plants, we have a total of nearly fourteen hundred new species added to botanic science by the talents and industry of a single observer. The whole number of species known at his death was estimated at sixty thousand.
Until he was about fifty years of age his health had been excellent. But the various and increasing cares of his official position finally had their effect. The sedentary work involved in writing a dissertation on the affairs of his community, which prevented for a time his usual out-of-door exercise, was the immediate cause of a severe cough and other alarming symptoms of decline. His spirits, which had been uniformly cheerful, became depressed. A journey to the West to establish a branch community of the United Brethren in Indiana was temporarily beneficial, but his system was undermined and the progress of disease could not be stayed. On February 8, 1834, came the end of what his memoirist calls "a life of various, constant, and unobtrusive usefulness."
A widow and four sons survived him. All the sons entered the Moravian ministry. The eldest, Emil Adolphus de Schweinitz, was born in Salem, N. C., in 1816. He filled various ecclesiastical offices in Pennsylvania and North Carolina, was made a bishop in 1874, and died in 1879. The second son, Robert, was born in Salem, in 1819. He has filled various charges and was for many years President of the Executive Board of the American Moravian Church. Since his retirement from the active ministry he has been general treasurer of the Church and of its Foreign Mission Department. The third son, Edmund Alexander, was born in Bethlehem in 1825, and died there in 1887. He also became a bishop, and was the author of several books on the history and polity of the Unitas Fratrum. In 1856 he established a weekly journal for the Moravians in America, which he edited for ten years. Bernard, the youngest son, was born at Bethlehem, in 1828, and died at the age of twenty-six years, being at the time in charge of a church on Staten Island. During the latter years of the father's life he used de in place of von in his name, and the sons have always used the new form.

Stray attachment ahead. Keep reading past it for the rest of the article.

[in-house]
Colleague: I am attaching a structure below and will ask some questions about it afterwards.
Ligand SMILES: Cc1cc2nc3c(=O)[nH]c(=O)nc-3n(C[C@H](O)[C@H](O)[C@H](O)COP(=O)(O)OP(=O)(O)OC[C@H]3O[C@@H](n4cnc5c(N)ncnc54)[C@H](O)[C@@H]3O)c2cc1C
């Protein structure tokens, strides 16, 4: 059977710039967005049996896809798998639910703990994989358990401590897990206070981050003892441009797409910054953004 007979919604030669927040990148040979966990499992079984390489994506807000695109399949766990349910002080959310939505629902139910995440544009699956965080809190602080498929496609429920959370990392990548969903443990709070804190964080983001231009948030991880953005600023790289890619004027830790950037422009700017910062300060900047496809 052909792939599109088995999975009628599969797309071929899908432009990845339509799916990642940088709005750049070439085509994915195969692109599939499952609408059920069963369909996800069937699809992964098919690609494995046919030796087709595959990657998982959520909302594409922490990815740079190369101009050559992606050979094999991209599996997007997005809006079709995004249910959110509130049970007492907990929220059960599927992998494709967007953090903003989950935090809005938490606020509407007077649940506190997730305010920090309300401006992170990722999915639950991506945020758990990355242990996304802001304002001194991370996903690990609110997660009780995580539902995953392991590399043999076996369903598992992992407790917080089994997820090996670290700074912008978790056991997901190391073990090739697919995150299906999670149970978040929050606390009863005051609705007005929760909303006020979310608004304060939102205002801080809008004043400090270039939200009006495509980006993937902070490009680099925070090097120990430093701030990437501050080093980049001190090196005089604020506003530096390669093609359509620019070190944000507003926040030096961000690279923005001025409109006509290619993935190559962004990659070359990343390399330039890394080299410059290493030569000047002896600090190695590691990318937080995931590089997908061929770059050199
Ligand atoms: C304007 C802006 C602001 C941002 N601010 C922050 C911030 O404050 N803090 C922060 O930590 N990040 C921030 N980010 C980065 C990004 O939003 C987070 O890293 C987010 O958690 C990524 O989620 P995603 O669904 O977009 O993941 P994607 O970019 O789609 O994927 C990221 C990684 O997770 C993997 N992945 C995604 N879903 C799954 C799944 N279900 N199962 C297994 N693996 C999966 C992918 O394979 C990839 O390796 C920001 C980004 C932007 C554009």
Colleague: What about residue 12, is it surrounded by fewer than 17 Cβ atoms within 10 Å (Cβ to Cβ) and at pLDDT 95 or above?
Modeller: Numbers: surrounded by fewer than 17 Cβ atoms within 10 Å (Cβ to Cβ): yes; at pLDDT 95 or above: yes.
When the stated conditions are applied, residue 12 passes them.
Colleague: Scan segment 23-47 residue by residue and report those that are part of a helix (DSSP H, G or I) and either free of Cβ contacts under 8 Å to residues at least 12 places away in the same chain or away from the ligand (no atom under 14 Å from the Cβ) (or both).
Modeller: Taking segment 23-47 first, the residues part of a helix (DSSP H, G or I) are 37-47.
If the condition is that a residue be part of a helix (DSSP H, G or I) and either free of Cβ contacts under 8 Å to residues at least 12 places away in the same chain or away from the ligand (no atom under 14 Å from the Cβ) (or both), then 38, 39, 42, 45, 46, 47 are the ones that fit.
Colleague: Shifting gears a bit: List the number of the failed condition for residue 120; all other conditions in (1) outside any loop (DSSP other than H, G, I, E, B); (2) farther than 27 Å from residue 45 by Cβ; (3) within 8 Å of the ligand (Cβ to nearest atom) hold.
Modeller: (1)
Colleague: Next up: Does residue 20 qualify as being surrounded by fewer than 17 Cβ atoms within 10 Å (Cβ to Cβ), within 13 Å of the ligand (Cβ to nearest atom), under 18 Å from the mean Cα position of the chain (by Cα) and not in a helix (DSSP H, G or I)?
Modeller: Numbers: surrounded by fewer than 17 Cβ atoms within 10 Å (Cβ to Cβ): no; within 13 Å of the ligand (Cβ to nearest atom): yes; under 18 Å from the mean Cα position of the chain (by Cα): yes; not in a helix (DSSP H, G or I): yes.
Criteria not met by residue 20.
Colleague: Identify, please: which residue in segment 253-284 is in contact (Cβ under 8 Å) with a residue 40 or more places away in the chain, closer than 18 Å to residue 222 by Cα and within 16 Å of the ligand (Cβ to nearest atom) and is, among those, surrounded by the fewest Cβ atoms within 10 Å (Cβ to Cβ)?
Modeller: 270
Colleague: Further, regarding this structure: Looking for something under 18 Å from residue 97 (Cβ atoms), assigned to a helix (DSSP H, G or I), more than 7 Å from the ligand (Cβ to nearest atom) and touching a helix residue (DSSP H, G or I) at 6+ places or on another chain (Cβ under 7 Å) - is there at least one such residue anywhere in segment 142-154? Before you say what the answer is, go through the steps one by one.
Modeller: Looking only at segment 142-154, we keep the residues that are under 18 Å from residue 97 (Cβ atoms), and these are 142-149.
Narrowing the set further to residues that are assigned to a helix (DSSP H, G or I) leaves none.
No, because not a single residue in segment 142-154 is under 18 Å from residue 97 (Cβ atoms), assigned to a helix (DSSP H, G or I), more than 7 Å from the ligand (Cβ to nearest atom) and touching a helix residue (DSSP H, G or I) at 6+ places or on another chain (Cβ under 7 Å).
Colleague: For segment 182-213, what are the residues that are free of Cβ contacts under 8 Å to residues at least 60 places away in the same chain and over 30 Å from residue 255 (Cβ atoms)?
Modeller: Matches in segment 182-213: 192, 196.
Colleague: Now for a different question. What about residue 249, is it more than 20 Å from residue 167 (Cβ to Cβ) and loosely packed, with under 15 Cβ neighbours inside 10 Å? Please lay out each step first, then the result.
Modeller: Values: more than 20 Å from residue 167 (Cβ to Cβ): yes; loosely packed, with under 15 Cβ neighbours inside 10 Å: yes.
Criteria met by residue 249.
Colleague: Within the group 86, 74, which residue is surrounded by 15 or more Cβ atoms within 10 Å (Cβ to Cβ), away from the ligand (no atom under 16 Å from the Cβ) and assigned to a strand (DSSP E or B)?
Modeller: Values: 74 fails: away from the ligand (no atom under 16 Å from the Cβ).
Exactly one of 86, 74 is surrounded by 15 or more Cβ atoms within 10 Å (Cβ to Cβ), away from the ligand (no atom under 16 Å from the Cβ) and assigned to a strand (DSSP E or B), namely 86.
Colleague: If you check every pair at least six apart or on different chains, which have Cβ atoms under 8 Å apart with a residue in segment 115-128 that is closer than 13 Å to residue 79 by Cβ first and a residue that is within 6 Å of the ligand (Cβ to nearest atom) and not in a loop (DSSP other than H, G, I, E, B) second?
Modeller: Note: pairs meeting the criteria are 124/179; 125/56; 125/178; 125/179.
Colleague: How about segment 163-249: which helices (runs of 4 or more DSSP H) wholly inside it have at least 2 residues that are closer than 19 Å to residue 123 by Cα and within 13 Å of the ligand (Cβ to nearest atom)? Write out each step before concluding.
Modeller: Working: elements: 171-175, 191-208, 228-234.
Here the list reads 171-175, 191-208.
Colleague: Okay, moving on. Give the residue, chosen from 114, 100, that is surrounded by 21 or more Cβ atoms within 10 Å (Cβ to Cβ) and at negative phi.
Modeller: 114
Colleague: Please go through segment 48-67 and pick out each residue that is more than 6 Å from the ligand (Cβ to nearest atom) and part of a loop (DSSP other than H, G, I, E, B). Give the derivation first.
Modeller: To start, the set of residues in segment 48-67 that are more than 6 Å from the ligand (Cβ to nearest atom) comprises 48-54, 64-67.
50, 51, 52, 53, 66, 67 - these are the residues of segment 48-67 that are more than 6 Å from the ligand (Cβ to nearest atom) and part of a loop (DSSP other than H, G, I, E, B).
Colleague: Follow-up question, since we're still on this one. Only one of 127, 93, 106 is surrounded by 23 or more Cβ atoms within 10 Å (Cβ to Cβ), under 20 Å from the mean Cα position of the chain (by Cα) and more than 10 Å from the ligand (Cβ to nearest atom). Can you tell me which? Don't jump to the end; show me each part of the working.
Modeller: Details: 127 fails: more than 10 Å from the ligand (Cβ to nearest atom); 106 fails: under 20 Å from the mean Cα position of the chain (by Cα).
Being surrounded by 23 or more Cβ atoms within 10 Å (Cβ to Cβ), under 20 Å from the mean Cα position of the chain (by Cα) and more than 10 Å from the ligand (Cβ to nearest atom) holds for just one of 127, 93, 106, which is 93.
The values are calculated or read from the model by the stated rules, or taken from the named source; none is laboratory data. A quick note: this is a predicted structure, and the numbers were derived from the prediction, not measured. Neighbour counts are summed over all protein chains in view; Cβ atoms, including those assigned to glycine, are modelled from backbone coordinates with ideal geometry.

Von Schweinitz was of high stature, erect carriage, and robust habit. The portrait accompanying this sketch is a copy of a miniature painted some years before his death, and consequently represents him in the prime of life. He had an unusually amiable and attractive disposition, which made him a general favorite with high and low. His conversational powers were of a high order, and contributed much to an ease of intercourse which was an important factor of his usefulness. Humor, anecdote, and repartee were always at his command, while the varied and exciting scenes through which he had passed and the prominent per-